send_kwargs.update(settings)
    resp = self.send(prep, **send_kwargs)

    if resp.encoding == 'ISO-8859-1':
        encodings = get_encodings_from_content(resp.text)
        if encodings:
            encoding = encodings[0]
        else:
            encoding = resp.apparent_encoding

        resp.encoding = encoding

    return resp


def patch_session():
    Session.request = session_request

Also reserve the request interface in config

image-20190430115617047

And execute our hooks when init.

image-20190430115652364

Let's write a new PoC and use this site to test the final effect http://www.httpbin.org/get

pocs/poc.py

import requests


def verify(arg, **kwargs):
    r = requests.get(arg)
    if r.status_code == 200:
        return {"url": arg, "text": r.text}

image-20190430130417913

The effect is very good, but if you add https website, there is a warning message.

image-20190430130730241

Also refer to the Pocsuite method to disable the warning information.

from urllib3 import disable_warnings
disable_warnings()

Finally, change the version number to 0.1, and the framework part of AirPoc is generally completed.

At last

Many of AirPoc's structural ideas are come from Pocsuite. If you read Pocsuite directly, you may get a lot of things. At present, the AirPoc v0.1 infrastructure has been almost completed, and one or more PoCs can be loaded locally for batch testing. Later, we are trying to play some more fun,eg: how to verify the situation without echo, how to generate shellcode, and how to operate the shell back, so stay tuned for the next section~zzzzz.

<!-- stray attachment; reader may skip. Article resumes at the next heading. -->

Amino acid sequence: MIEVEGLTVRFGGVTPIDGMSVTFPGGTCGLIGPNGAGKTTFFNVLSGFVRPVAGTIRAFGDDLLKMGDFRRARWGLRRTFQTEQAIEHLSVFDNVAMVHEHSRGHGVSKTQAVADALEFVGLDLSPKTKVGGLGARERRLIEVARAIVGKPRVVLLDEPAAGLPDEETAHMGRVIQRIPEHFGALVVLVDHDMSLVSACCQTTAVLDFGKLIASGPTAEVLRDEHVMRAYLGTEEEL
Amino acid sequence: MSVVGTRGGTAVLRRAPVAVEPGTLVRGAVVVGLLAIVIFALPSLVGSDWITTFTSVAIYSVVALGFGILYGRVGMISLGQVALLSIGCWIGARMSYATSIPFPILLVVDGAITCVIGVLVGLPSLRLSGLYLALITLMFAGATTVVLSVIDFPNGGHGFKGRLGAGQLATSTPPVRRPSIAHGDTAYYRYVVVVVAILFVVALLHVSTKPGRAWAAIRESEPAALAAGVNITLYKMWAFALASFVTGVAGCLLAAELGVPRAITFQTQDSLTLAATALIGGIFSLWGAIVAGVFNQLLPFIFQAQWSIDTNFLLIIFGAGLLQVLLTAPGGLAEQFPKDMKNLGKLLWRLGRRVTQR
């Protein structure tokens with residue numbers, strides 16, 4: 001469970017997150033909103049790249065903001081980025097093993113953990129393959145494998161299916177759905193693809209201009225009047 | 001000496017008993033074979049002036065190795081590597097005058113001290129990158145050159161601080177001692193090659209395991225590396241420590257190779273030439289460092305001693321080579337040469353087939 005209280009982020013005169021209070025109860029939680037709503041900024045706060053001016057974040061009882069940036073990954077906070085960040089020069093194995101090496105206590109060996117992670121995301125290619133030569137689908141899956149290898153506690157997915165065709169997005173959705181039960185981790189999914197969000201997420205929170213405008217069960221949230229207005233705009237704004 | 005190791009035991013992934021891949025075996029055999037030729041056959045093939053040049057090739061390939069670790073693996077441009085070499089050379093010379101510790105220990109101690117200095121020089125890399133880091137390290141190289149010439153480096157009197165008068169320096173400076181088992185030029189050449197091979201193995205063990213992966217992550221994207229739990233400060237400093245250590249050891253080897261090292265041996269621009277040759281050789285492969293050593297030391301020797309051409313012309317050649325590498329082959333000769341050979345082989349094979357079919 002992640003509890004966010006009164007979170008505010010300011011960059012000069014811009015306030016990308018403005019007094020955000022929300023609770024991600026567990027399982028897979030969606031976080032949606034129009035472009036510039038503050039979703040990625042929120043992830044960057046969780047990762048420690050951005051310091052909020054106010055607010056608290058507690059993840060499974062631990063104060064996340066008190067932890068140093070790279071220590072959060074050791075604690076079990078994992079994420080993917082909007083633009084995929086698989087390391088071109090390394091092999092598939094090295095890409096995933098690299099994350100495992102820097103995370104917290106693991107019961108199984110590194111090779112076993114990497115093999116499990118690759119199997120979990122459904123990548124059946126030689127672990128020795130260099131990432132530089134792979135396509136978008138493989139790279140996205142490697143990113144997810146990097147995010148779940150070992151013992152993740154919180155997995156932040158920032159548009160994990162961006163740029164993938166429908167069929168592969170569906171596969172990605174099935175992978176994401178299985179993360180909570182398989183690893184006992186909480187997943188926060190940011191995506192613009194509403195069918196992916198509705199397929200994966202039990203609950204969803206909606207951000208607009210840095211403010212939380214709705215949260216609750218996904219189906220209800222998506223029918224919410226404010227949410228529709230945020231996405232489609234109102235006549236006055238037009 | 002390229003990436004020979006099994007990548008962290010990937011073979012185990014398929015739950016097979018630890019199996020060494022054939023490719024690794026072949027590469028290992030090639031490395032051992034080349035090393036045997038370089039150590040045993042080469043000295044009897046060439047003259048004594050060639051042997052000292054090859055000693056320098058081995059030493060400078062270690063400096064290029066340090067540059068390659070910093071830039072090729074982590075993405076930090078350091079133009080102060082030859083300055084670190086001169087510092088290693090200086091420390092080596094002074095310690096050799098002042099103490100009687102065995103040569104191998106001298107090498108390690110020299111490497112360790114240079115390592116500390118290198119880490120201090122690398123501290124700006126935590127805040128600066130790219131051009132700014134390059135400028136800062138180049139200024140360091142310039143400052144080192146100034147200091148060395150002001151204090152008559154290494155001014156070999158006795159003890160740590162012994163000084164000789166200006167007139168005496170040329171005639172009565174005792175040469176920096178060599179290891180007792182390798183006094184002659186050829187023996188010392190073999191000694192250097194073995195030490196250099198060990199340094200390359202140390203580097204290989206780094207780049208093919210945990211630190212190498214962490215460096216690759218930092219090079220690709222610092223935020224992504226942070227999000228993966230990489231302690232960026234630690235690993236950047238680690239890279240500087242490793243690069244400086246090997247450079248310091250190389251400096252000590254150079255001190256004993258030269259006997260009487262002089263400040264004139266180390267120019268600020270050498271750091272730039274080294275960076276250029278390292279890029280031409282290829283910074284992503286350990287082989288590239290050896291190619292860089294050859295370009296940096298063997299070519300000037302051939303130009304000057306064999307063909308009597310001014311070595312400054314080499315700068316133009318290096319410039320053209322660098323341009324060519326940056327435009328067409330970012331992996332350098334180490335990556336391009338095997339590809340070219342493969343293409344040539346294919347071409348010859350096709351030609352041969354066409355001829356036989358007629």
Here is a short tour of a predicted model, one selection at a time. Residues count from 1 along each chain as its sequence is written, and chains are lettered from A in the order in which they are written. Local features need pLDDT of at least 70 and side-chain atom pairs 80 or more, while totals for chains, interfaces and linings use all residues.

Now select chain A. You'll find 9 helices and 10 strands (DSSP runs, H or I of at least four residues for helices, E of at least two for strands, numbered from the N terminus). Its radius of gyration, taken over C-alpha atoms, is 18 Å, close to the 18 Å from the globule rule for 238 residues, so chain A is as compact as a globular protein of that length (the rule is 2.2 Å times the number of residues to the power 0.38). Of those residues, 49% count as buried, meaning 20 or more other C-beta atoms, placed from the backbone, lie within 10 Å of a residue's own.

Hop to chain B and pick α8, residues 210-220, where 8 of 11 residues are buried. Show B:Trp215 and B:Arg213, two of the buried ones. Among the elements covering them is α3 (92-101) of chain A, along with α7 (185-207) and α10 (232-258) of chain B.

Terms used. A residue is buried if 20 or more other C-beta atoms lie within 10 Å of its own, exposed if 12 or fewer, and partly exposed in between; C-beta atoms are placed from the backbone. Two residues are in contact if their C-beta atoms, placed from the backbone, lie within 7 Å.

Download AirPoc: https://images.seebug.org/archive/airpoc.zip

About Knownsec & 404 Team

Beijing Knownsec Information Technology Co., Ltd. was established by a group of high-profile international security experts. It has over a hundred frontier security talents nationwide as the core security research team to provide long-term internationally advanced network security solutions for the government and enterprises.

Knownsec's specialties include network attack and defense integrated technologies and product R&D under new situations. It provides visualization solutions that meet the world-class security technology standards and enhances the security monitoring, alarm and defense abilities of customer networks with its industry-leading capabilities in cloud computing and big data processing. The company's technical strength is strongly recognized by the State Ministry of Public Security, the Central Government Procurement Center, the Ministry of Industry and Information Technology (MIIT), China National Vulnerability Database of Information Security (CNNVD), the Central Bank, the Hong Kong Jockey Club, Microsoft, Zhejiang Satellite TV and other well-known clients.

404 Team, the core security team of Knownsec, is dedicated to the research of security vulnerability and offensive and defensive technology in the fields of Web, IoT, industrial control, blockchain, etc. 404 team has submitted vulnerability research to many well-known vendors such as Microsoft, Apple, Adobe, Tencent, Alibaba, Baidu, etc. And has received a high reputation in the industry.

The most well-known sharing of Knownsec 404 Team includes: KCon Hacking Conference, Seebug Vulnerability Database and ZoomEye Cyberspace Search Engine.


Paper 本文由 Seebug Paper 发布,如需转载请注明来源。本文地址:https://paper.seebug.org/914/